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New US Aircraft Carrier With ‘No Good’ ‘Digital’ Catapult 75 Percent Done

© AFP 2021 / US NAVY/PH3 Joshua KarstenThis 13 December, 2004 US Navy handout image shows the conventionally powered aircraft carrier USS John F. Kennedy (CV 67) as she returns to her homeport of Mayport, Florida
This 13 December, 2004 US Navy handout image shows the conventionally powered aircraft carrier USS John F. Kennedy (CV 67) as she returns to her homeport of Mayport, Florida - Sputnik International
The United States’ second Ford-class aircraft carrier is officially 75 percent of the way from being completed after shipbuilding crews laid the 827-ton forward section of the boat.

Huntington Ingalls announced Monday that construction of the USS John F Kennedy is inching closer to the finish line. The USS Kennedy will eventually join the USS Gerald Ford as the first two Ford-class nuclear-powered ships in the US Navy's surface fleet.

Super Hornet Conducts EMALS take off aboard the USS Gerald Ford. - Sputnik International
USS Ford Tests ‘No Good’ Electromagnetic Aircraft Launch System (VIDEO)

In late March, the Congressional Research Service reported that the USS Kennedy is expected to be delivered in the fall of 2024 and that US lawmakers allocated the funding for the roughly 100,000-ton vessel in 2013. The carrier will eventually host up to 90 combat aircraft above and below deck at any given point in time.

Sam LaGrone, a USNI News editor who has tracked the Ford-class program for several years, told Sputnik Radio that "The biggest difference between the Ford and the Nimitz-class aircraft carriers of the previous generation is its ability to launch aircraft."

"The entire aircraft carrier is designed around the idea that it can launch 30 percent more aircraft during a particular period than the Nimitz-class," the journalist said. "That's kind of the central idea behind the Ford versus the Nimitz."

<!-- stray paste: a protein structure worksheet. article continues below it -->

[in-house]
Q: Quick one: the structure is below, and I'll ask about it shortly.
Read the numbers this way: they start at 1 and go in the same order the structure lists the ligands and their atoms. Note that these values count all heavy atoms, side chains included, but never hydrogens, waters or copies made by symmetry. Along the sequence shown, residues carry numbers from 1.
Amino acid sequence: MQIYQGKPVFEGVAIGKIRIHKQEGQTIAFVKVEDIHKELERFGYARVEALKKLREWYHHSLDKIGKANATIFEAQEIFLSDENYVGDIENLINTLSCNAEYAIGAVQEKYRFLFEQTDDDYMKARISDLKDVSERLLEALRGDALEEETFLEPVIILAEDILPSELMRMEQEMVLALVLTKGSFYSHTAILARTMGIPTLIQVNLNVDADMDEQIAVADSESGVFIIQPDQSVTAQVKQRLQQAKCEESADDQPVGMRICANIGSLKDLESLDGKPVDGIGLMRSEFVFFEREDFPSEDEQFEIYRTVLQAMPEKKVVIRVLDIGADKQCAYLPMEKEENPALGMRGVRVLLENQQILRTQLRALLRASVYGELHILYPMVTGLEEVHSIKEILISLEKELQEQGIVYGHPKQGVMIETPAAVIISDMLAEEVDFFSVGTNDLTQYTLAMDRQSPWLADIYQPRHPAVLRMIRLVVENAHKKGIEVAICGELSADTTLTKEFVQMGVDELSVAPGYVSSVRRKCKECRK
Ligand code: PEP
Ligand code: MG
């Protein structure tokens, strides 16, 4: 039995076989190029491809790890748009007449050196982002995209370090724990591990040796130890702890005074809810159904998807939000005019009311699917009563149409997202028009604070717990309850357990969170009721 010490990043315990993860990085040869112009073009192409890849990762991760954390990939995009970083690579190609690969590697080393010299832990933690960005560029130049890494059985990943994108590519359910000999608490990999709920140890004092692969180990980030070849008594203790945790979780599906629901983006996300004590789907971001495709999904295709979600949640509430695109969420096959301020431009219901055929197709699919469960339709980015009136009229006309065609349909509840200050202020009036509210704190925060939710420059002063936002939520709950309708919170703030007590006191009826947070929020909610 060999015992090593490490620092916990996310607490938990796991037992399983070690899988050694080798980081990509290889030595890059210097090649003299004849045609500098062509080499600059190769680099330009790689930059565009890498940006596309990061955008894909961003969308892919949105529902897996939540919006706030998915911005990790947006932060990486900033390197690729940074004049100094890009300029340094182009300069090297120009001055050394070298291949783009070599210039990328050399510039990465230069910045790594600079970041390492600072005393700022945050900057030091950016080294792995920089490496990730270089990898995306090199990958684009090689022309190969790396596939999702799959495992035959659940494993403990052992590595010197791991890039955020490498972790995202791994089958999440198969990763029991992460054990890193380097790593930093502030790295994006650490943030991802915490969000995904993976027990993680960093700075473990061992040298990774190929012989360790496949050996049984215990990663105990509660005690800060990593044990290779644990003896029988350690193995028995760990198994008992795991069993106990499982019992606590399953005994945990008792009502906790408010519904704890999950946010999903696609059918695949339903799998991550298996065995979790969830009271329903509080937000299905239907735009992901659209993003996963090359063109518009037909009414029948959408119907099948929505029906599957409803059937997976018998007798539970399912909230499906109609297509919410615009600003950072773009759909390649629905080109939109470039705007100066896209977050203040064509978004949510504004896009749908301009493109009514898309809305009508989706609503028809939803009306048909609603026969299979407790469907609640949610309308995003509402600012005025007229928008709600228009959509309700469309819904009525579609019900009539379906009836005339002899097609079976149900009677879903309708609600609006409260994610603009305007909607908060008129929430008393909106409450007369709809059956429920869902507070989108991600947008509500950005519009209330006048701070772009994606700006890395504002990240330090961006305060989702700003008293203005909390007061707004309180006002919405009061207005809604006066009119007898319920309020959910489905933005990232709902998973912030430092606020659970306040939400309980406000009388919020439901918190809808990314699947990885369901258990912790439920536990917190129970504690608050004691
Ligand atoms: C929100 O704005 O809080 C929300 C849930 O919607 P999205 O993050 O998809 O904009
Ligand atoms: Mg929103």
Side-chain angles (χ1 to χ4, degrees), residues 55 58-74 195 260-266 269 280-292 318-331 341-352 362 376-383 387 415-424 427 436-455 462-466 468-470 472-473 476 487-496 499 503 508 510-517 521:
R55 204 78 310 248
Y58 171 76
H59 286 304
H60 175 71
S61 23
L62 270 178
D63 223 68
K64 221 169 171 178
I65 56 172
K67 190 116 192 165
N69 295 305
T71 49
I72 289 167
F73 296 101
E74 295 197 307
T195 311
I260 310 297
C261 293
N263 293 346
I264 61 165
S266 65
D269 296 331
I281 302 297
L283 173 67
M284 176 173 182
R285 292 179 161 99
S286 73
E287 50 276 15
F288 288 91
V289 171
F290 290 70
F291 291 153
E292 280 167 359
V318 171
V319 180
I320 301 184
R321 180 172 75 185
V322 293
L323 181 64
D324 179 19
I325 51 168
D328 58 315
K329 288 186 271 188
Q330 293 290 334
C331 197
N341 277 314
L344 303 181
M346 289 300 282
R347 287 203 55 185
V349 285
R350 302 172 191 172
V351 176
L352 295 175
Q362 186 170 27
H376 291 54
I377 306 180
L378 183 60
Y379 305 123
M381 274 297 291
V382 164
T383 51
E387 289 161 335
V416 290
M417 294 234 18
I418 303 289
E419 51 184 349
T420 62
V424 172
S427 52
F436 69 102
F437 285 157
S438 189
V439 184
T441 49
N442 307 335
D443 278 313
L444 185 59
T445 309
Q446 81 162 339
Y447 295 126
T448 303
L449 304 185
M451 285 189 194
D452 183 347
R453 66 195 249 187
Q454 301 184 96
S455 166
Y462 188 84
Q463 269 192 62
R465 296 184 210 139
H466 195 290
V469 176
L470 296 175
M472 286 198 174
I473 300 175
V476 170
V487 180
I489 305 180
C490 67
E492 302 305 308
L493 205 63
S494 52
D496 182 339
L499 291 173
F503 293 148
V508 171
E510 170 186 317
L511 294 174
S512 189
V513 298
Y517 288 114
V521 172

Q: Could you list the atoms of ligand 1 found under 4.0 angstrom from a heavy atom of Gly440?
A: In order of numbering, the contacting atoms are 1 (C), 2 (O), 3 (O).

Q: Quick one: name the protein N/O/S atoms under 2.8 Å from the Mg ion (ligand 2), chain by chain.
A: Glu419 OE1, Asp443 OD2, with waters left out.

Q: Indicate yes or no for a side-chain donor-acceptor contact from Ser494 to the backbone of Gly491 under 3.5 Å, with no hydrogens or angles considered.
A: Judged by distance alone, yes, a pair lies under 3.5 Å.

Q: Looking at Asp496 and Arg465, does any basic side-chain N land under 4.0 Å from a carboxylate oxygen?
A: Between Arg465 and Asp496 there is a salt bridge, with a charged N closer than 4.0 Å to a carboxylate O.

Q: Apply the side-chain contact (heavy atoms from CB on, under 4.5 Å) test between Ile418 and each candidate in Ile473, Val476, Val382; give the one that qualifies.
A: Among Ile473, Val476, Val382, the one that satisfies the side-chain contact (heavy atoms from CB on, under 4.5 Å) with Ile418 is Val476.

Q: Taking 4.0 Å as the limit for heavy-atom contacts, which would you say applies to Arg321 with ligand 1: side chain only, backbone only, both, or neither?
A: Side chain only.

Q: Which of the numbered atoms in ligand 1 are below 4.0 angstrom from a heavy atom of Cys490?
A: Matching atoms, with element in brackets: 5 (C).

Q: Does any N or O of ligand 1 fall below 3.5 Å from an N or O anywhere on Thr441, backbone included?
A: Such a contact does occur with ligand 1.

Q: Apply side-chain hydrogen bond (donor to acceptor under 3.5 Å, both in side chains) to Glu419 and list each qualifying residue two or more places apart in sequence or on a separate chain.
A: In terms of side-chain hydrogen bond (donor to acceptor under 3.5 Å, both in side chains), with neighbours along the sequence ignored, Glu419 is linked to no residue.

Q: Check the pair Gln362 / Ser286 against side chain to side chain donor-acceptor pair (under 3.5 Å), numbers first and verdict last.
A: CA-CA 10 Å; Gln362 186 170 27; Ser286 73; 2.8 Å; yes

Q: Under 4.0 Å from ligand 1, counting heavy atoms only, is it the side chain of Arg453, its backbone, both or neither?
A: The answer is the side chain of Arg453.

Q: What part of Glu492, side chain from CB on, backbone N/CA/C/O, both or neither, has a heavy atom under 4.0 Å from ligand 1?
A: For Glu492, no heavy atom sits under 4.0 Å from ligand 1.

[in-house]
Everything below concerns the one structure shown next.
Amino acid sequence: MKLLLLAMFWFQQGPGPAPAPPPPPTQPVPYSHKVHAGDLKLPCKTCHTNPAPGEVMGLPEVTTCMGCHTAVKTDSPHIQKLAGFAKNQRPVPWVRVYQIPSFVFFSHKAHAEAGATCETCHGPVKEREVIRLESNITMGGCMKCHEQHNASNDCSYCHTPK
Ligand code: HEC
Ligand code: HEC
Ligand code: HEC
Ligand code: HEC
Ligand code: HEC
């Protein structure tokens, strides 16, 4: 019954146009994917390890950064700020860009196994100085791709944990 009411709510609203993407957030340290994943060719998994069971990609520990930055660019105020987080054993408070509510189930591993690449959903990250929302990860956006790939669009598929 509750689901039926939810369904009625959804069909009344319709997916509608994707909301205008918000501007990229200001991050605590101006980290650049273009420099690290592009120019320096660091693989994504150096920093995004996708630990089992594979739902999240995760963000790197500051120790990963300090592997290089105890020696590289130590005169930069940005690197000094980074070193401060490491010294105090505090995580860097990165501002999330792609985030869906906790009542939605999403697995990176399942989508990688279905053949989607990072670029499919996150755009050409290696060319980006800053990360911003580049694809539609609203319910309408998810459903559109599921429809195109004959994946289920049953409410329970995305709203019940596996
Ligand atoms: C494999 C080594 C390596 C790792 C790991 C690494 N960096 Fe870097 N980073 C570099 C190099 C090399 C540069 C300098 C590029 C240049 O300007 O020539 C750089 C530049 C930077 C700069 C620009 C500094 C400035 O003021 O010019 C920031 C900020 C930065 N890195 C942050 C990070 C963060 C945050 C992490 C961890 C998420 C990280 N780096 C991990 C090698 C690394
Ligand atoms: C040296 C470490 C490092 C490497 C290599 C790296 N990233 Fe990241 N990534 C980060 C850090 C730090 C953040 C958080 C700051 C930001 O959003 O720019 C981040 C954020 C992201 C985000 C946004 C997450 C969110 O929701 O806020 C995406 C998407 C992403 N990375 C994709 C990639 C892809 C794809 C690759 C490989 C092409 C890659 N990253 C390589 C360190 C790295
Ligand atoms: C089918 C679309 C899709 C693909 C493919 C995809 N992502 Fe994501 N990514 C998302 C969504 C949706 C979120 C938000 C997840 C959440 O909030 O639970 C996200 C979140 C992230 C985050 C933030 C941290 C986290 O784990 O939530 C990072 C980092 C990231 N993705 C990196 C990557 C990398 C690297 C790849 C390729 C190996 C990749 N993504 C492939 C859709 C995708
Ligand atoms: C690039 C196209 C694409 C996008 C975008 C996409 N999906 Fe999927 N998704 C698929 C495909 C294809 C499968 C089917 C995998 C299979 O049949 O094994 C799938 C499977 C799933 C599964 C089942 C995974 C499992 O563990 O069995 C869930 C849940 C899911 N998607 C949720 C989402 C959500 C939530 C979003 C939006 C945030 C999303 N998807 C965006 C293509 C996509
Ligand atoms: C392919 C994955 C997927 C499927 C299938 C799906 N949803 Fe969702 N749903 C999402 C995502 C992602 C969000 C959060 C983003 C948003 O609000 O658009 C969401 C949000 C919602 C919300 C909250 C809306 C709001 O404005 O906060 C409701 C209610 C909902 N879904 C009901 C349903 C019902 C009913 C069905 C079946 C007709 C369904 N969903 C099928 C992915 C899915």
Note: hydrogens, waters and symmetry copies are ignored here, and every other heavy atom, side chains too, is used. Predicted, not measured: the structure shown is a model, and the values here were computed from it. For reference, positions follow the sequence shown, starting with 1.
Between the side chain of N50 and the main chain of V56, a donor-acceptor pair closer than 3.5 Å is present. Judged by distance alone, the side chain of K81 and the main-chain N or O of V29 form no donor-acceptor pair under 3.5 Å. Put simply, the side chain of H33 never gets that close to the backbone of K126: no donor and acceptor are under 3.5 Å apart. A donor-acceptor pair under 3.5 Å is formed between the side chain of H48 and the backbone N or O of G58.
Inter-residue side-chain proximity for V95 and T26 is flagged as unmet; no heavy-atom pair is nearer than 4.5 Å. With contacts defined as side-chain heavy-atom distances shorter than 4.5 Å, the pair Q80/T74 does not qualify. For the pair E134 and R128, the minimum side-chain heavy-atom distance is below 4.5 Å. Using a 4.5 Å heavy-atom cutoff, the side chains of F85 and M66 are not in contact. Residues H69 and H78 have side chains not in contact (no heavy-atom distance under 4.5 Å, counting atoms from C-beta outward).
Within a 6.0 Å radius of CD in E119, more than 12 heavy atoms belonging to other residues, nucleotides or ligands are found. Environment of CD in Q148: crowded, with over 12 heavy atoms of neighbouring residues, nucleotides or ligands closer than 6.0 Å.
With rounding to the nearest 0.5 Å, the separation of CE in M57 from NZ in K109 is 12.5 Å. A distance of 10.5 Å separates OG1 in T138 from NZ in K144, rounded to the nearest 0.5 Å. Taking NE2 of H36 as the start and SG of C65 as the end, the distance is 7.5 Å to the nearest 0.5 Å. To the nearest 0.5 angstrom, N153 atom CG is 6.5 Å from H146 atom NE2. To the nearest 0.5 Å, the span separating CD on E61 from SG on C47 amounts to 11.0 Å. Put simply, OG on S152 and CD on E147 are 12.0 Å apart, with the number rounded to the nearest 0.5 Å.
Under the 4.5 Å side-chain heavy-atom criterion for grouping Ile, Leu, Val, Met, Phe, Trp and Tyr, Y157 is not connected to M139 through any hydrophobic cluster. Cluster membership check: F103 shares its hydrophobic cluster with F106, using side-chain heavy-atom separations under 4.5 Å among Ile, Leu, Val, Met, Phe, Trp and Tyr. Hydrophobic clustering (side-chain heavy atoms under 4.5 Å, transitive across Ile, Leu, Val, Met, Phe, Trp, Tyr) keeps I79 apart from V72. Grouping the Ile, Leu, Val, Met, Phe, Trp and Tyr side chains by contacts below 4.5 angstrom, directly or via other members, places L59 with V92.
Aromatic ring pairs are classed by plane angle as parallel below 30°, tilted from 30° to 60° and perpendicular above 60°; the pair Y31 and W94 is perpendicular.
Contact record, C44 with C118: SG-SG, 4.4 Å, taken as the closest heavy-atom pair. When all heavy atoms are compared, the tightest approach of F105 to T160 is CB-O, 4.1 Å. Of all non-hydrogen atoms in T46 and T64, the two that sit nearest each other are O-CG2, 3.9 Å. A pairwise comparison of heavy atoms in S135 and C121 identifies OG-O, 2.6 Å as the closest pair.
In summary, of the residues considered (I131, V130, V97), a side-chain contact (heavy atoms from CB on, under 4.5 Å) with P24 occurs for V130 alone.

The advanced carrier features new technologies that are still in their infancy, such as electromagnetic launch mechanisms to boost fixed-wing planes during takeoff — and at a rapid clip no less. This is part of the impetus for the program itself, as the USNI News editor explained.

US President Donald Trump once vented to TIME Magazine about a conversation he'd had with a Navy official about his disappointment in the next-generation EMAL [electromagnetic aircraft launch] system, despite this component being one of the new ship's most important technological advances.

USS Gerald Ford - Sputnik International
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"You know the catapult is quite important. So I said ‘what is this?' ‘Sir, this is our digital catapult system.' He said well, ‘We're going to this because we wanted to keep up with modern [technology].' I said ‘You don't use steam anymore for catapult?' ‘No sir.' I said, ‘Ah, how is it working?' ‘Sir, not good. Not good. Doesn't have the power. You know the steam is just brutal. You see that sucker going and steam's going all over the place, there's planes thrown in the air,'" Trump said in a March 2017 interview with TIME.

"It sounded bad to me. Digital. They have digital. What is digital? And it's very complicated, you have to be Albert Einstein to figure it out. And I said, ‘And now they want to buy more aircraft carriers.' I said, ‘What system are you going to be?' ‘Sir, we're staying with digital.' I said, ‘No you're not. You going to goddamned steam, the digital costs hundreds of millions of dollars more money and it's no good,'" Trump recollected.

As it turns out, the Navy is sticking with EMALS or "digital," as Trump called it. After years of development delays, naval aviators on the USS Ford were literally jumping with joy after the first time the EMALS helped an F/A-18 liftoff from the ship.

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